Along with the unrest in Syria and Libya, there are
two other big ongoing regional armed conflicts in the Middle East.
One of them is taking place in Iraq, where the
Iranian-backed Shiite Iraqi army is fighting against the Islamic State of Iraq
and the Levant (ISIL) around the Tikrit region. U.S. fighters have joined the
military offensive through an aerial campaign to help the Iraqi army re-take
Tikrit from ISIL, allowing it to prepare for a bigger operation to seize the
control of Mosul, a strategic town in Iraq.
The second major conflict is the Saudi Arabia-led
military operation in Yemen to halt the Iran-backed Houthi rebels who have
taken control of more than half of the country and forced President Abd Rabbuh
Mansur Hadi to leave the capital Sanaa. The offensive is actively backed by
Gulf countries - as well as Egypt, Morocco, Jordan and Pakistan - and is
politically supported by the United States.
The conflict in Yemen is generally described as a
proxy war between Shiite Iran and Wahhabi Saudi Arabia and is believed to be a
part of a broader confrontation between the two heavyweights to increase their
areas of influence.
An analysis of the Turkish government’s position on
these two regional armed conflicts depicts a clear contradiction in Turkey’s
regional priorities, and an important deviation from its traditional foreign
policy of peaceful solutions to international problems.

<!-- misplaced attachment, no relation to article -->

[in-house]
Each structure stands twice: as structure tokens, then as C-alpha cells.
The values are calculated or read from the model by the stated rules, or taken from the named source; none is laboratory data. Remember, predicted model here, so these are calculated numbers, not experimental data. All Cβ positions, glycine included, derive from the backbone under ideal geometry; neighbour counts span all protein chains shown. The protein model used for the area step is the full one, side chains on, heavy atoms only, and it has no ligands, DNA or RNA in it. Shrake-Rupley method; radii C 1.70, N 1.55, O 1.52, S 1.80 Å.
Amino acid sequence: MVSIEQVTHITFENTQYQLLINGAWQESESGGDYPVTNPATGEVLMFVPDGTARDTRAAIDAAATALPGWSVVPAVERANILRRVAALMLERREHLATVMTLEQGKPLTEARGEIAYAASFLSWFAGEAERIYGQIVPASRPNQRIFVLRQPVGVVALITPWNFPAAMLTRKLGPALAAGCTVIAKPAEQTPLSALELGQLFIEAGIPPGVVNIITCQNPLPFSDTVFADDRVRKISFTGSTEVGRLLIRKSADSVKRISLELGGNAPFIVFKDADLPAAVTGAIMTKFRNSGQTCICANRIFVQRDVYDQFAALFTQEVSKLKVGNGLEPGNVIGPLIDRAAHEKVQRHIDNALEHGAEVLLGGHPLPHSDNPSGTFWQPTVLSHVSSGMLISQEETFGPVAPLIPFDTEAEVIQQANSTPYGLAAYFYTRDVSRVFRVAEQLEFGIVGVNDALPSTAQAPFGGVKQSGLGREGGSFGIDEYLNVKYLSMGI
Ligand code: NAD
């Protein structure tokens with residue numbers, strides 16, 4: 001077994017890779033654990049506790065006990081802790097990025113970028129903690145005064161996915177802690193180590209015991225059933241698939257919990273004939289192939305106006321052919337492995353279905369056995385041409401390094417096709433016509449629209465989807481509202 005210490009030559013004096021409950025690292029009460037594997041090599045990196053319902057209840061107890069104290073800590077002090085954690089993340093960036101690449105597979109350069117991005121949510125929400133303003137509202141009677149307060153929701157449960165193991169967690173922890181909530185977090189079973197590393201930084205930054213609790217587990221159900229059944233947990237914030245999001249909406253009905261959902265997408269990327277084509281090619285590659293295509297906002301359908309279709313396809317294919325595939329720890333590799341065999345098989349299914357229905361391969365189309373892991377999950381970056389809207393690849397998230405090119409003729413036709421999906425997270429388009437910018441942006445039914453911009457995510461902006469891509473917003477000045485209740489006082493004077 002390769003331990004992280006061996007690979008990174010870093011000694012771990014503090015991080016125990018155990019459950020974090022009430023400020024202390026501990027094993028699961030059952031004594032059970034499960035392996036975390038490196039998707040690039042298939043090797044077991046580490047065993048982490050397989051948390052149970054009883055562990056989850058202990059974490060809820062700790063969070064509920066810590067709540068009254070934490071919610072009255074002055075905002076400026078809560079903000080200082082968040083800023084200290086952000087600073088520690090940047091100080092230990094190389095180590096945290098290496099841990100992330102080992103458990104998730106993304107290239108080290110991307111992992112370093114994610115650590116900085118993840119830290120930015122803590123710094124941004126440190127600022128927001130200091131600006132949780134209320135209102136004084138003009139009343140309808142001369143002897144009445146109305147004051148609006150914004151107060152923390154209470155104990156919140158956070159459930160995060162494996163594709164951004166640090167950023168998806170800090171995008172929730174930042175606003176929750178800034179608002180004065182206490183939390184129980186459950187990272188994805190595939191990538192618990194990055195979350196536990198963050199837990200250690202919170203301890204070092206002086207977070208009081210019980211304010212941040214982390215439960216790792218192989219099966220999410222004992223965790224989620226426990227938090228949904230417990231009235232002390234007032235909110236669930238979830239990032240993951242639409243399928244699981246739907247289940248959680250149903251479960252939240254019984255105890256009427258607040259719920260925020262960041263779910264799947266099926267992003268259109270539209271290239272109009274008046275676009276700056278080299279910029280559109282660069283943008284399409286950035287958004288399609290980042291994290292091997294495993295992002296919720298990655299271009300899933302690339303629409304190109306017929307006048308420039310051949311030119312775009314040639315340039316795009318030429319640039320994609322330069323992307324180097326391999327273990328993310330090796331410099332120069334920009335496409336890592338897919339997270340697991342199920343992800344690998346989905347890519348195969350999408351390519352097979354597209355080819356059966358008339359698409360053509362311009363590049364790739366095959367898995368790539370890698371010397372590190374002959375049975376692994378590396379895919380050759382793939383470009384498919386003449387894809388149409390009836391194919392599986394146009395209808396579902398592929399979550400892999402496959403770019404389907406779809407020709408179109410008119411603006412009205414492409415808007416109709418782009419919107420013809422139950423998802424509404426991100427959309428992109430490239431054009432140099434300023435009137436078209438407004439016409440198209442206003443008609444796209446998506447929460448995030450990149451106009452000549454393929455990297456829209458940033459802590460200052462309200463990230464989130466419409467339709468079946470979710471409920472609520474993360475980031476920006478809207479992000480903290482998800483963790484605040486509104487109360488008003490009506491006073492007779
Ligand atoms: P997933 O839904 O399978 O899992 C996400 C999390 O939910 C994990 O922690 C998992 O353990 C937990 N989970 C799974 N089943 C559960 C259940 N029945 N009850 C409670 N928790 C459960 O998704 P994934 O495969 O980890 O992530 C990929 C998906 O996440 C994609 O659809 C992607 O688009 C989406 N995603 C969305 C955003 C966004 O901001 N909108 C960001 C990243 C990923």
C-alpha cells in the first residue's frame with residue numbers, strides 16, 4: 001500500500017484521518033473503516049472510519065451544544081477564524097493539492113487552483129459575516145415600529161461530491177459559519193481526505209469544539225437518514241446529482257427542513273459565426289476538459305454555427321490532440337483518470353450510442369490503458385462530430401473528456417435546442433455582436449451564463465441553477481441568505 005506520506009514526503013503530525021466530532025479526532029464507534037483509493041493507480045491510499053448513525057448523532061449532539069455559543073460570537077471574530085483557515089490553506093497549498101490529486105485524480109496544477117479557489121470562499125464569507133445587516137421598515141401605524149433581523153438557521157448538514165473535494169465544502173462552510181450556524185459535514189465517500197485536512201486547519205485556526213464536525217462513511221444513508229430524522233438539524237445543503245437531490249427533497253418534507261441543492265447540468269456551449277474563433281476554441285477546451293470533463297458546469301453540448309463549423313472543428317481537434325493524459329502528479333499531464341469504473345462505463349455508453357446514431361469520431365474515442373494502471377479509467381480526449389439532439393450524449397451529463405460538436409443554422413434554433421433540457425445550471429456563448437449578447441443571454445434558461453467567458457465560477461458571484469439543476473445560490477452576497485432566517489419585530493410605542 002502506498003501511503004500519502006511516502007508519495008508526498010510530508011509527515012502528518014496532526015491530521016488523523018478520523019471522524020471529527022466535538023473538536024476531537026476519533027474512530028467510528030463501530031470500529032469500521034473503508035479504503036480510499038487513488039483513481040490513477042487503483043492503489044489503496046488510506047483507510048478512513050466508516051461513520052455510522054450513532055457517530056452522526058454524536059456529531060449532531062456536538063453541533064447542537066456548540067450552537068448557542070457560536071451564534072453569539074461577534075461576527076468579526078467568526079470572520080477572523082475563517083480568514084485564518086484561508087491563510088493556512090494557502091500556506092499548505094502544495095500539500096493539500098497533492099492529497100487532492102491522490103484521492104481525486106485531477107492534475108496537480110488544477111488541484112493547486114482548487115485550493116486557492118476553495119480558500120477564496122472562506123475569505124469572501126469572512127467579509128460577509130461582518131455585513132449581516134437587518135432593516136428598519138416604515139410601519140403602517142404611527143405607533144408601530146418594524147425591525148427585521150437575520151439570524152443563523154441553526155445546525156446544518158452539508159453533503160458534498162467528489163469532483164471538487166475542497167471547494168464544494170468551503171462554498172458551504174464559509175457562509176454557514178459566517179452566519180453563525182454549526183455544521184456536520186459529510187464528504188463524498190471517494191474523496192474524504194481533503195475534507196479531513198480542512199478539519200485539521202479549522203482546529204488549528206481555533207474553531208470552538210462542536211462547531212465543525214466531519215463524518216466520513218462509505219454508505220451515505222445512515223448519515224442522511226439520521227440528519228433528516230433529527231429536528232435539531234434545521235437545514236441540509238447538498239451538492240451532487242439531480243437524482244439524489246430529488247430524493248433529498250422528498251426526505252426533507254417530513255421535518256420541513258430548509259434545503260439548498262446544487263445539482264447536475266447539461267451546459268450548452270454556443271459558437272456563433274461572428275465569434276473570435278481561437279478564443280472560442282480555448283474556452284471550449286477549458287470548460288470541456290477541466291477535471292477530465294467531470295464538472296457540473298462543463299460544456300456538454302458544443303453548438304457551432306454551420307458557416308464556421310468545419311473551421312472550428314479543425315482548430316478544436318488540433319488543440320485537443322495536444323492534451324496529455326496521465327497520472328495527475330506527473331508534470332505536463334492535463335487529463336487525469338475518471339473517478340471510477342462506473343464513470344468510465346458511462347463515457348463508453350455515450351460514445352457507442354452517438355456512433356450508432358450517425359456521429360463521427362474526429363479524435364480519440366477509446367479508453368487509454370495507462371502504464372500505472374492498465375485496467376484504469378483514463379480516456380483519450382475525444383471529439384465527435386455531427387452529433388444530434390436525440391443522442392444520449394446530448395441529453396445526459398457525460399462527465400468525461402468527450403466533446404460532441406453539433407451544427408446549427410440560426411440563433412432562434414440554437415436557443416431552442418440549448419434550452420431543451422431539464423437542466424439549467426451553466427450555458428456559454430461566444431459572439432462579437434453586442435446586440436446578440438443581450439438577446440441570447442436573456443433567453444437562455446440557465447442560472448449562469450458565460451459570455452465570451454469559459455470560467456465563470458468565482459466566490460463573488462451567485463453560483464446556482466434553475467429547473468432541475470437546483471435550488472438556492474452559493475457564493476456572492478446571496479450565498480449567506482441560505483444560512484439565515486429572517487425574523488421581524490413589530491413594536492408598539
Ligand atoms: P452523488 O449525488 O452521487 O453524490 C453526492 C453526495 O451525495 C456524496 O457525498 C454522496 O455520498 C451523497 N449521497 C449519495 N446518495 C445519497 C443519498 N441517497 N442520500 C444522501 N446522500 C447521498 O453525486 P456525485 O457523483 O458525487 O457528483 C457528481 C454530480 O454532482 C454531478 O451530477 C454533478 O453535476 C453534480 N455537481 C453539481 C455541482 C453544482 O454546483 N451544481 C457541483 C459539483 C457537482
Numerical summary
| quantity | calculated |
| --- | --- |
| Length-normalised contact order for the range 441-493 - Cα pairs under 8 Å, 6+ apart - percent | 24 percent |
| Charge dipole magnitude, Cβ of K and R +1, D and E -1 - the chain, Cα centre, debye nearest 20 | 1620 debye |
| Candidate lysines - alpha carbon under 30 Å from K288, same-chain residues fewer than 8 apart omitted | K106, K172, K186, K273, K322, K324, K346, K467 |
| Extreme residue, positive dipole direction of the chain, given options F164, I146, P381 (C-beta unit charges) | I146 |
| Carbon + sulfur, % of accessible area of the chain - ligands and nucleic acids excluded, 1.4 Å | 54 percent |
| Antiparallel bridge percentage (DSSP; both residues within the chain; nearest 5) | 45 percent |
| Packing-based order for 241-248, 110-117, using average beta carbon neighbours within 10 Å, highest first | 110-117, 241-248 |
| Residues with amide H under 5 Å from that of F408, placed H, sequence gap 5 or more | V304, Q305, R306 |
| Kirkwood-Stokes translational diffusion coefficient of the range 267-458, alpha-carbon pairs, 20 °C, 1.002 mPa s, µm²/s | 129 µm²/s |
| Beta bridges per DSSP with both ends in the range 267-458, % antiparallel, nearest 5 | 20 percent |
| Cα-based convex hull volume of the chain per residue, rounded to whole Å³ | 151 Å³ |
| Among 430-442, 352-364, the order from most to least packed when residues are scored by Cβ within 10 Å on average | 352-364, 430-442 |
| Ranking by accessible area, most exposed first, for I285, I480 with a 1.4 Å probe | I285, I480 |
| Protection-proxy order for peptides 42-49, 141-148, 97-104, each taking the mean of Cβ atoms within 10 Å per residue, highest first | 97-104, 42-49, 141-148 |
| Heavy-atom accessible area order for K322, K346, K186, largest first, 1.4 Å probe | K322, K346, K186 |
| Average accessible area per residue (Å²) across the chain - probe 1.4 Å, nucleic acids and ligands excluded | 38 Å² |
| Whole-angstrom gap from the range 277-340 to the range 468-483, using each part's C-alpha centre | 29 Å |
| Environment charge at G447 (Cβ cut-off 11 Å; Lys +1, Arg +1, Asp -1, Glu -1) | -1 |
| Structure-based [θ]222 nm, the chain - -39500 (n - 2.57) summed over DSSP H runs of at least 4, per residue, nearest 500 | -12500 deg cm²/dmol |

Here are some problematic points about the Turkish
position vis-a-vis the above-mentioned regional issues:
- A contradiction stems from Turkey’s hesitancy to
take part in the international coalition, composed of around 60 countries,
tasked to deal with the ISIL problem, which could one day stir up serious
troubles for Turkey. Meanwhile, it jumped to support the Saudi-led military
offensive into Yemen and pledged both logistical and intelligence assistance
for the Arab coalition.
- It is certainly correct to underline that these are
two different issues. A country can take perfectly different positions based on
its interests. However, looking from this perspective, it can also be argued
that Turkey should have made the exact opposite decision, meaning that it
should have taken part in the anti-ISIL campaign and recommended an immediate
halt to violence in Yemen in order to begin dialogue for a peaceful solution.
- The current understanding could lead to
justifications among those who criticize the Turkish government for pursuing
sectarian policies in the region. This can be summarized in one sentence:
Turkey is not a part of the fight against radical Sunni jihadists, but instead
it is part of the fight against the Shiite Houthi movement.
- Turkey’s strong position in Yemen is also ruining
its traditional, balance-based foreign policy. President Recep Tayyip Erdoğan
harshly lashed out at Iran as the only responsible force for major regional
troubles, accusing the neighboring country of “trying to dominate the region.”
“Can this be allowed?
This has begun to annoy us, Saudi Arabia and the Gulf
countries. It is really not tolerable and Iran must see this,” he said.
- Erdoğan’s words are a clear sign of hostility toward
Iran and are obviously dangerous. His statement unveils a new regional alliance
of Turkey, Saudi Arabia and the Gulf countries, as well as (indirectly) Egypt,
an alliance that can easily be described as the “Sunni bloc.” This new policy
is one of the consequences of Erdoğan’s important visit to Saudi Arabia on
March 2, during which he held talks with the new Saudi King Salman. The picture
that Turkey gives today is approval of the Saudi domain in the Middle East, and
a clear opposition to Iran.